Lankford’s staff said he was referring to existing FBI involvement in gun purchases, through which the FBI is flagged if someone on the Terrorist Watchlist is notified. Indeed, the FBI is notified if a person on a watch list tries to buy a gun, if the person’s name is listed on a list called the Known or Appropriately Suspected Terrorist file (a subset of the larger consolidated list, according to the FBI).

With instant background checks, a person with a clean record in theory could walk into a gun store and be approved within minutes. However, if the person is on the suspected terrorist file, the FBI can delay the purchase for up to three days. According to a May 2013 Congressional Research Service report, the FBI has 72 hours to respond to the federally licensed dealer as to whether they can proceed with the sale.

The government uses a “reasonable suspicion” standard to nominate and include someone in the Terrorist Watchlist. Belonging to a terrorist organization, or being listed on one of the watch lists, does not automatically stop someone from buying a gun. There has to be another factor that disqualifies the person from buying a gun under federal or state law, such as a felony conviction or illegal immigration status.

During a December 2015 Senate Judiciary Committee Oversight Hearing, FBI Director James Comey repeatedly confirmed to Republican and Democratic senators that the FBI can’t ban someone on the Terrorist Watchlist from purchasing a gun, just for being on the list.

After a hold is placed on the sale, there has to be another qualifier under the law for the FBI to be able to ban the sale, Comey said. If the purchase is made at a gun show or through an Internet sale, the FBI is not alerted, Comey said. See this exchange:

Sen. Richard Durbin (D-Ill.): If someone on the no-fly list walks into is a licensed firearms dealer in the United States, that in and of itself is not a prohibition against that person buying a firearm?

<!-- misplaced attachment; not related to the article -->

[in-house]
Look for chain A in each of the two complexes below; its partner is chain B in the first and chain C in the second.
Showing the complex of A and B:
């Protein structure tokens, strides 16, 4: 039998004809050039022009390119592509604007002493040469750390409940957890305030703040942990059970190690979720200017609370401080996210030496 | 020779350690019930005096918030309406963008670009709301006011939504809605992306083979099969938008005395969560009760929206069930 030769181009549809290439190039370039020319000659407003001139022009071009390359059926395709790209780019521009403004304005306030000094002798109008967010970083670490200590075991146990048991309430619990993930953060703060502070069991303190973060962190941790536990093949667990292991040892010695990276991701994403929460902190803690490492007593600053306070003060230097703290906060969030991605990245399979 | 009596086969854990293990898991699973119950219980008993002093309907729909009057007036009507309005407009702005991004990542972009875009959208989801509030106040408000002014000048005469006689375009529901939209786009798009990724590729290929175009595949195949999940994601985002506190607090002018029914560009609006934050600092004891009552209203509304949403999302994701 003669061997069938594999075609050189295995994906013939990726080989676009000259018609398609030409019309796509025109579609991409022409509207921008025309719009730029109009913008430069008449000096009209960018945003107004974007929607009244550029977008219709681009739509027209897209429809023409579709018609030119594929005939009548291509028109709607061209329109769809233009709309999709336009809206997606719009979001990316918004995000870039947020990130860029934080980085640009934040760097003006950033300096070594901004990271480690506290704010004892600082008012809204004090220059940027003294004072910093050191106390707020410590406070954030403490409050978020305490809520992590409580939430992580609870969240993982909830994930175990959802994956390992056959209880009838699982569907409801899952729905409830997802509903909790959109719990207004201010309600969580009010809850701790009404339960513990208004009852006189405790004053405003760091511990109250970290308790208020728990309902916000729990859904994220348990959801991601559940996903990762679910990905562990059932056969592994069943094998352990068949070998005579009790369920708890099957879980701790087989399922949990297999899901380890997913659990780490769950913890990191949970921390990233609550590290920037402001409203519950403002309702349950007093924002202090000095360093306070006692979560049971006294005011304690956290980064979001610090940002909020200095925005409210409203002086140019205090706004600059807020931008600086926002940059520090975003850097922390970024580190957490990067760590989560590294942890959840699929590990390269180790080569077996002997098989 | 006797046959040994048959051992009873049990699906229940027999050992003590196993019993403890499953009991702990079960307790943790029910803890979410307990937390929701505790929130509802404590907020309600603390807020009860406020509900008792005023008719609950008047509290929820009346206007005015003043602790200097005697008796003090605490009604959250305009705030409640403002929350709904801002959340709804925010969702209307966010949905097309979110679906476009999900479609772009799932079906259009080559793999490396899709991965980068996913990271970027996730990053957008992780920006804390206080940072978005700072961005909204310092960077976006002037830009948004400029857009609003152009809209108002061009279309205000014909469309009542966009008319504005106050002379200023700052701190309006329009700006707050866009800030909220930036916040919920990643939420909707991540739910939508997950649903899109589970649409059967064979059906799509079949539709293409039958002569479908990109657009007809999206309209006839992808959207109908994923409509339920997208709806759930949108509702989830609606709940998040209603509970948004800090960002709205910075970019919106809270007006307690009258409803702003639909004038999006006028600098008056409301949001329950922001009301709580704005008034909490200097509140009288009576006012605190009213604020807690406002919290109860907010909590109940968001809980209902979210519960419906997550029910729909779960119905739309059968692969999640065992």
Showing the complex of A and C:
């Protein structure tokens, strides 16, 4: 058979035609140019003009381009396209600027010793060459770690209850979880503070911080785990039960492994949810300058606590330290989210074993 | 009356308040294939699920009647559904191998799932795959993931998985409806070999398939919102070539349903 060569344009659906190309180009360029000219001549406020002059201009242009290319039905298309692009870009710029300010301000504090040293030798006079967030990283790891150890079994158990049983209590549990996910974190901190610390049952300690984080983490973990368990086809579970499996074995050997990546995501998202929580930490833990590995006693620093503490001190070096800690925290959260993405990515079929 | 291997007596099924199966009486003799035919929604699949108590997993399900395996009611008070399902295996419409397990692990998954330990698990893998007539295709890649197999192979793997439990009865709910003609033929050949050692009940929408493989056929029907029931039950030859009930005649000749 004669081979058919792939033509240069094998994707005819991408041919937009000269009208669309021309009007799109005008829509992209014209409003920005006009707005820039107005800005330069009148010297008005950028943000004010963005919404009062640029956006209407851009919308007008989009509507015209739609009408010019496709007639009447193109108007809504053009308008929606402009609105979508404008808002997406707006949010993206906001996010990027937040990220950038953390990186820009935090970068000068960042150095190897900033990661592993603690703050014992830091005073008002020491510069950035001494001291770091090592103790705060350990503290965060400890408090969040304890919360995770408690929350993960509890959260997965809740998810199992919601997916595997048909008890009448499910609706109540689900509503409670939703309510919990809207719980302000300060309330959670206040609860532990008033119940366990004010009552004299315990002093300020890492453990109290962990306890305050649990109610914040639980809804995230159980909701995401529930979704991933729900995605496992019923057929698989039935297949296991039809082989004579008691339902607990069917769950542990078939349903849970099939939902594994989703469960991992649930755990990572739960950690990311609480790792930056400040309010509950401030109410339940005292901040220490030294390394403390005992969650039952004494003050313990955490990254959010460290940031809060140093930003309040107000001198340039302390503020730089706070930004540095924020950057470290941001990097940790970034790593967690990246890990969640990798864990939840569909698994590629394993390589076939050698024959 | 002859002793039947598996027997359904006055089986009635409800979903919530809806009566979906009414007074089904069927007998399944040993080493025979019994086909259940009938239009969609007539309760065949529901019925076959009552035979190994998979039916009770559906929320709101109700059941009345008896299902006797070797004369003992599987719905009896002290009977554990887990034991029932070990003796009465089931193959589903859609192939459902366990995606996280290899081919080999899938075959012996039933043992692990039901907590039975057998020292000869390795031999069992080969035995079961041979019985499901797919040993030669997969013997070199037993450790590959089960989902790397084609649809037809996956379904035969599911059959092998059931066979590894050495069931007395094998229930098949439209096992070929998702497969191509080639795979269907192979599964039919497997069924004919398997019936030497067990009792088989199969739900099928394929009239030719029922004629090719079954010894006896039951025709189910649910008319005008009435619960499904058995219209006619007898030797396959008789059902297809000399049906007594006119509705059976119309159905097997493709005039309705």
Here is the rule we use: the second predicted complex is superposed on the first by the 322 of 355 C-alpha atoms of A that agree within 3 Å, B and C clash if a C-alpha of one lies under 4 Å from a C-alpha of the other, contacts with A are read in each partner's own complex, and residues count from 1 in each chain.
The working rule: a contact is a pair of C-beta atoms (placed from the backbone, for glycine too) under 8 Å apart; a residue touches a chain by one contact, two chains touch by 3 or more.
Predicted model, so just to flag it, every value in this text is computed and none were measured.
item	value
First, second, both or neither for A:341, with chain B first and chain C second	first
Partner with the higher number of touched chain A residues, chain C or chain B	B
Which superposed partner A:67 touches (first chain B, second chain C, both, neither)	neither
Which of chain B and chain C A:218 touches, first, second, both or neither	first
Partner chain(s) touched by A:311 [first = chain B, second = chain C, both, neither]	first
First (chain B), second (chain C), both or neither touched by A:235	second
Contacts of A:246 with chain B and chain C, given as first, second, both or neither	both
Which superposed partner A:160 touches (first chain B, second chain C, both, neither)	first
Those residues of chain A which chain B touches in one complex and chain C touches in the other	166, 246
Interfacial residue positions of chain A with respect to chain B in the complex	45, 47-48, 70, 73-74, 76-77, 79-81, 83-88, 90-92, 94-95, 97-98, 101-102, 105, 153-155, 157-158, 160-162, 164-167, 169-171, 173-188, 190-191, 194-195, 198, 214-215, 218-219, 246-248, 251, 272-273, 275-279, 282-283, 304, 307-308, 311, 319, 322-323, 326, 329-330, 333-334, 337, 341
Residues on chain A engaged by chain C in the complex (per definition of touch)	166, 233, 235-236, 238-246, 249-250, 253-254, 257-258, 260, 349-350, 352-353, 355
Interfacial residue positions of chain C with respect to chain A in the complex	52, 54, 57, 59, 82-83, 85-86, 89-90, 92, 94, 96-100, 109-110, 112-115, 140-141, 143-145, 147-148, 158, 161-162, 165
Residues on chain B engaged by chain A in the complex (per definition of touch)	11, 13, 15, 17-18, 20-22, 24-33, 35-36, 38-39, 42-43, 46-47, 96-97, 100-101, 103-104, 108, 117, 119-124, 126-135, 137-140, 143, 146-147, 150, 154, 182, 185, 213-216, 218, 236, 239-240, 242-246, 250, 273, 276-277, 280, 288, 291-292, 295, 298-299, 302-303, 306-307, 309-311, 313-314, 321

Comey: Correct.
Durbin: So even if that person is suspected to be a terrorist, they could purchase the firearm and leave with it, though your agents may then follow them or investigate them or keep an eye on them because of that purchase.
Comey: That is correct. We have three days to review the background. And so a hit — if someone walks in and they’re on the no-fly list, we’ll immediately be notified. We’ll have three days to figure out whether there is some prohibition under the law that allows us to stop the transaction. If not, they will walk out with the gun if the dealer transfers it.
Durbin: Absent some other disqualifier, the fact that they’re on the no-fly list is not enough — sufficient basis to deny the sale, is that correct?
Comey: That’s correct.

Thus people on the Terrorist Watchlist still successfully purchase firearms. A March 2016 Government Accountability Office analysis looked at 2,477 times that people on the Terrorist Watchlist who were involved in firearm or explosives background checks in 2004 to 2015. Of the 2,477 times, 91 percent (2,265) of the transactions were allowed to proceed, and 212 were denied. Some sales may have been processed and approved within 24 hours; the FBI purges records if the sale was approved within 24 hours. So when Lankford says the person “waits a long time,” he’s referring to a hold of up to 72 hours–but it could be less than 24 hours.